The Fear of Guns


Dan Wos of the Defining Success in America blog writes:

When I was a kid, my Dad took me out hunting and target shooting. He loved it. Me, not so much. It just wasn’t my thing. I tried, but I just wasn’t interested. I mean, I didn’t dislike guns and I wasn’t scared of them. I just wasn’t all that interested. When he would buy a new pistol, he would show it to me and I could tell he loved these things. Of course I showed interest and they were actually kinda’ cool, but I was more interested in my guitar so I never really jumped on board with the whole “gun thing” . . .

My Dad would even build his own rifles. I remember going down to the basement where he would be assembling old muzzle loader replicas, oiling the wood, staining and just working on these things with such passion. I would later recognize and understand that passion. For me, cars would bring out the same thing.

I was always aware of sort of an “anti-gun” niche of people and they never really mattered to me because I never had a vested interest in guns throughout most of my life. I just thought, “Some people like guns and some don’t. So what?” It wasn’t until later in life that I started to see the importance and value in firearms.

One night my wife and I were coming out of a late movie at the mall theater in Albany, New York. We were walking down the dark sidewalk to the back parking lot. Sue was walking down the center of the sidewalk and I was to her right (closest to the curb). A guy was walking directly toward her, also in the center of the sidewalk. He was about six foot five, maybe two hundred and fifty pounds. He wearing a hoodie, so I could barely see his face. But I could tell he was not happy and he was not moving to the side.

When you’re in a situation like this, it’s hard to rationalize it away. The “Fight or Flight” mechanism kicks in. As much as some people will tell you not to judge people or assume they are bad and looking for trouble, I challenge you to calm your internal reactions when your mind and body are reacting to  perceived danger. I don’t care who you are, you get scared. Fear creates a visceral response, whether we like it or not.

As this creep gets closer to Sue, walking straight toward her, I’m boiling over with adrenaline and trying to keep calm. “He is not moving to the side,” I thought. “He’s gonna run right into her.” When he got about three feet away from her, she quickly moved to her right. He bumped her so hard in the shoulder that she bumped into me and knocked me off the curb. We both almost fell over. The hoodie-wearing guy kept walking down the center of the sidewalk like he owned it. This was no accident. He was clearly looking for trouble and trying to get a reaction out of me.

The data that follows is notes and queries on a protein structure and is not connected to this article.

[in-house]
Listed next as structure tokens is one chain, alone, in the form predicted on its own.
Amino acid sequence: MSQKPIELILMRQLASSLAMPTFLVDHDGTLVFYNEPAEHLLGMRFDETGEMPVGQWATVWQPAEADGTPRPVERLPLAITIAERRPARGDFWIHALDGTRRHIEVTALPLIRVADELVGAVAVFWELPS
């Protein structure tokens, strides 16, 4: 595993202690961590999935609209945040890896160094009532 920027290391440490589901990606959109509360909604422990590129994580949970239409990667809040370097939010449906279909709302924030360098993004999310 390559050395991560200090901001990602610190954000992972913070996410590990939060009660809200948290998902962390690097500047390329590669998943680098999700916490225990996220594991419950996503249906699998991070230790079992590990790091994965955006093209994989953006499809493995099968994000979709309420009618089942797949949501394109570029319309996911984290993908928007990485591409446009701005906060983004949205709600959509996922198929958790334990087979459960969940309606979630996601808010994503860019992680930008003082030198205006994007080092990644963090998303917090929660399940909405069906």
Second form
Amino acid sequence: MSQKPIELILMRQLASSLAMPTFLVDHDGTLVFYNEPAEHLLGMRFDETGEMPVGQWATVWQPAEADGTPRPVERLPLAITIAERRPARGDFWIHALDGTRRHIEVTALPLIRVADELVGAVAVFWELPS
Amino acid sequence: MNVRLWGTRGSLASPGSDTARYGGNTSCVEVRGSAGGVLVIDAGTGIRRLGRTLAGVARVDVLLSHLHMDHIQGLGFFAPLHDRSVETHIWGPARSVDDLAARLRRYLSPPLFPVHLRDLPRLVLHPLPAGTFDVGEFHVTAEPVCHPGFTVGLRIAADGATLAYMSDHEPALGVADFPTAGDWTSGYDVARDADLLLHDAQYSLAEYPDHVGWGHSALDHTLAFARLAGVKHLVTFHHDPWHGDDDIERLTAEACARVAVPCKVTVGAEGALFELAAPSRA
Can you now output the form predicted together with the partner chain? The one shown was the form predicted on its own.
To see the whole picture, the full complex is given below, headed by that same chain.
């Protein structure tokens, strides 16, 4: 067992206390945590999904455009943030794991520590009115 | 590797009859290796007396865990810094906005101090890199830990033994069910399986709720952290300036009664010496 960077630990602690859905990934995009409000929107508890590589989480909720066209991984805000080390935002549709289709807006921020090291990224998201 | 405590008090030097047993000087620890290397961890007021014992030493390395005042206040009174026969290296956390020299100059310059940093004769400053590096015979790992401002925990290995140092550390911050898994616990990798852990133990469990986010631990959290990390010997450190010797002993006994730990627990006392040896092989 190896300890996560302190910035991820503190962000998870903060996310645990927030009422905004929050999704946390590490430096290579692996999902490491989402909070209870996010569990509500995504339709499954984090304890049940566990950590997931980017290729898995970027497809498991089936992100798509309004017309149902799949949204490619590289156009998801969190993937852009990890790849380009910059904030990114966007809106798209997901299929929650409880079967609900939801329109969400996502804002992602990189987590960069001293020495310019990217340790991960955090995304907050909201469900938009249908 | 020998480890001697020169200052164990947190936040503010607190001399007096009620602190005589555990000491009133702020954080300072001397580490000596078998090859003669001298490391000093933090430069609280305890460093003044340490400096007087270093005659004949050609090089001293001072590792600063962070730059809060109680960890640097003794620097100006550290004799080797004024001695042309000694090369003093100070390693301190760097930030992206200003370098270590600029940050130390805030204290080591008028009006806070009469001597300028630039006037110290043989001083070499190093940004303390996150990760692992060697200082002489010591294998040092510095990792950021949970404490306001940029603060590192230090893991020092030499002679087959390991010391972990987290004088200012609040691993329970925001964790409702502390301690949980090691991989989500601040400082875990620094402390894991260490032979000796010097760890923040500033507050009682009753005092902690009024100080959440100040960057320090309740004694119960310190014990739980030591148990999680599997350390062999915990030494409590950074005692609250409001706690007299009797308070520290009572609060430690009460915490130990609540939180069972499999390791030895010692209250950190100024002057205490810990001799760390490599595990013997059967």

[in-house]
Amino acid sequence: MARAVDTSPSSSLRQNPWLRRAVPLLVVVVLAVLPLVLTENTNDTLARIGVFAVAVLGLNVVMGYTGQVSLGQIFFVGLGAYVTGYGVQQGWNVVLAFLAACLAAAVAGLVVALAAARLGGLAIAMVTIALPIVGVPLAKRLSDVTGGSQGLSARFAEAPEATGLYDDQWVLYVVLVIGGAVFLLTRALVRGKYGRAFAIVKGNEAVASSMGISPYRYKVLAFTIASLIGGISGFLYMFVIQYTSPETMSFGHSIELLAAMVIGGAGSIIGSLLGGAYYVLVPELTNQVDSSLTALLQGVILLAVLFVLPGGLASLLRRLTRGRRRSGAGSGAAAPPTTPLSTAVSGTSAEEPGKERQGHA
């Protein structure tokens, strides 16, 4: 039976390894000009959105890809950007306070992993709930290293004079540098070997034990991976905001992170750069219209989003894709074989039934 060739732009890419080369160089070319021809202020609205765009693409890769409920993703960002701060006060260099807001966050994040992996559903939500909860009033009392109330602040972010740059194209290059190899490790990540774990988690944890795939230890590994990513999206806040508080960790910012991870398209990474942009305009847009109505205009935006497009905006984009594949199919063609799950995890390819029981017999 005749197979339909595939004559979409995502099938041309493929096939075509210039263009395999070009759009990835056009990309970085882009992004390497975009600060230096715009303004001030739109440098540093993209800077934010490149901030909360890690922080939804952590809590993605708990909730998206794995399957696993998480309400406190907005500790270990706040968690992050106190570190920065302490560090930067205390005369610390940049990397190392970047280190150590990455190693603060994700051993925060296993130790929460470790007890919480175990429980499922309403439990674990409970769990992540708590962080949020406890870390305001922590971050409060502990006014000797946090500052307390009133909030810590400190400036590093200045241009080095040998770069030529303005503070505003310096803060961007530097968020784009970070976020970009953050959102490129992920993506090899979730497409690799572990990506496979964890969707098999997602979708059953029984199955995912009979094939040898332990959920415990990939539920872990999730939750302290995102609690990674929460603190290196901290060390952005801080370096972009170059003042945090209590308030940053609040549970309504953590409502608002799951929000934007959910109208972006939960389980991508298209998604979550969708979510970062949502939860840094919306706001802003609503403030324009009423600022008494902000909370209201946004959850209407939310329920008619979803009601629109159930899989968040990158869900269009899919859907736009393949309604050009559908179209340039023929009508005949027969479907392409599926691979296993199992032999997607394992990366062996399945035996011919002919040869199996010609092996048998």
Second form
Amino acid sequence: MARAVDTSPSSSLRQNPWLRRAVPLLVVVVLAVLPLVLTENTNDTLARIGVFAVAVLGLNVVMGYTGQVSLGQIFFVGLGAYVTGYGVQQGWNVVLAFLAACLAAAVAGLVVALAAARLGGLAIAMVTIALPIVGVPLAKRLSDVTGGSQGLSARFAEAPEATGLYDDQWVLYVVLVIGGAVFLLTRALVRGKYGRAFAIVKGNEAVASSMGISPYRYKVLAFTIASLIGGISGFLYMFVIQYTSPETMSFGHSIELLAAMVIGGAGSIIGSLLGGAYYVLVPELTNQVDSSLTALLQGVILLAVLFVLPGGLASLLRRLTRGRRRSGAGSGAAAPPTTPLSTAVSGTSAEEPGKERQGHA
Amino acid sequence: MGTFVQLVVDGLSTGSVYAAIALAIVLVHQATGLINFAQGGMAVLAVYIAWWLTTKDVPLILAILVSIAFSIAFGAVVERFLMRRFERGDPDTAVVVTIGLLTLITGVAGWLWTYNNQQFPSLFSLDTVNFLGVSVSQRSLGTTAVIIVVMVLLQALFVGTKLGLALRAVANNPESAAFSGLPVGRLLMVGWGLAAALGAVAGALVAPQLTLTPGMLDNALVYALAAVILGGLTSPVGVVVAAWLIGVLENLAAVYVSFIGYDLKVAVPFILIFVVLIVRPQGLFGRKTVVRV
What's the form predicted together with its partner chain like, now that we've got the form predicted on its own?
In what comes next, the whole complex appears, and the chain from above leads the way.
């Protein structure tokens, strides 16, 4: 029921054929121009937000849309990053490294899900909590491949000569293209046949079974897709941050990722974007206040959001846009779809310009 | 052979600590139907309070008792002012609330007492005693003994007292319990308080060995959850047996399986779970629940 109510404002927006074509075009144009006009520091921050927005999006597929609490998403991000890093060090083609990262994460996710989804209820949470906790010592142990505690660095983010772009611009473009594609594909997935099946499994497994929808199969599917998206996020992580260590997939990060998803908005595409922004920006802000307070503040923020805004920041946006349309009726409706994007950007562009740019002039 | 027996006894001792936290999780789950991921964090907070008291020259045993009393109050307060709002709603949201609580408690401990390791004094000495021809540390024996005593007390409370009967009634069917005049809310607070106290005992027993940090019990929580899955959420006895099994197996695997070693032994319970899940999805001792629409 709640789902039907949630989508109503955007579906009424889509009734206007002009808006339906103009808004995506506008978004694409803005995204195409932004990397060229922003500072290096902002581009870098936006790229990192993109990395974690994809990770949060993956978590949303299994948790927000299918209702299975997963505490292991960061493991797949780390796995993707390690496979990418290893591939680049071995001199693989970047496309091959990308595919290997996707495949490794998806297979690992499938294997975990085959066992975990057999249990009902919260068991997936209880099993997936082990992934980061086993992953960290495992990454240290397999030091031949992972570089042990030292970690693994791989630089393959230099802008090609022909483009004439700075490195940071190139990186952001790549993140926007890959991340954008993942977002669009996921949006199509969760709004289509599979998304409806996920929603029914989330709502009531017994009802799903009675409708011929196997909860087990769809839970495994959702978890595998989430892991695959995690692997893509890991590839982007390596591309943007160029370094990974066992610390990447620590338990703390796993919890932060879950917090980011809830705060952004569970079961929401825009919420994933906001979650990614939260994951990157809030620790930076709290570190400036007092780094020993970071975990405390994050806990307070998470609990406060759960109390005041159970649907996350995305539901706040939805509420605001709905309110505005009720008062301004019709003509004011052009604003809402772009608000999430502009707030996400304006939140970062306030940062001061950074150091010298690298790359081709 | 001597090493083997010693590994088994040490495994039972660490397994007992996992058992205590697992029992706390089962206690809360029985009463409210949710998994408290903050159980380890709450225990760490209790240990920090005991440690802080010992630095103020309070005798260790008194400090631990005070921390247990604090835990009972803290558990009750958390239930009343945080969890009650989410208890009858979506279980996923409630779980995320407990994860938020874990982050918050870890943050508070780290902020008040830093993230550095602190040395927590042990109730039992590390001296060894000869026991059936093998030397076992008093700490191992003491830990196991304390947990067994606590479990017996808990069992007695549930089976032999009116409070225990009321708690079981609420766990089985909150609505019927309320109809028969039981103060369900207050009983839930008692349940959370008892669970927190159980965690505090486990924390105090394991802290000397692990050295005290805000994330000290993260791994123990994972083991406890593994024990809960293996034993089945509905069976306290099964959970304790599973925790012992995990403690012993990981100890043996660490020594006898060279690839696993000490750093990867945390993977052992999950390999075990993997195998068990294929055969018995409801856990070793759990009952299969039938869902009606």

I turned around still holding her hand and started to lay into this a$$hole. Before the words came out, visions of my wife, my son, my beautiful life and everything I’ve worked so hard to build flashed before my eyes. I had a moment of reality in a time of sheer anger and fear. To be honest, I didn’t want to get hurt. Most importantly, I didn’t want my wife to get hurt. And if something extreme were to happen, I didn’t want my son to be alone. Back in the time when I didn’t have the responsibilities, I would have given that thug a piece of my mind. But somehow I had this moment of clarity. We slowly walked to the car as I bit my lip.

Sue and I got into the car. We were silent for a few minutes. I slowly put the key in the ignition, turned to look at her – feeling the most shameful, irresponsible and incapable I have ever felt. I told her I was sorry. I was sorry I’d put her in danger. I was sorry I could not have defended her against this monster if a life-threatening attack had ensued. I was sorry I was unable to protect and defend one of the two most important people in my life. I realized in that moment that life is vulnerable and as a man it is my responsibility to take care of and protect my family. That night I did not and I was ashamed.

Throughout my life, I’ve seen some wild things, done some wild things and been in some situations that…well, let’s just say it’s a miracle I’m here. But I’m a bit older now. I’d like to think I’m wiser and beyond the point in my life that I want to be rolling around on the ground exchanging punches with anyone. I told Sue in the car that night, that as long as she was with me I would never let her be  defenseless again. I told her I was getting a gun. I was driven by fear.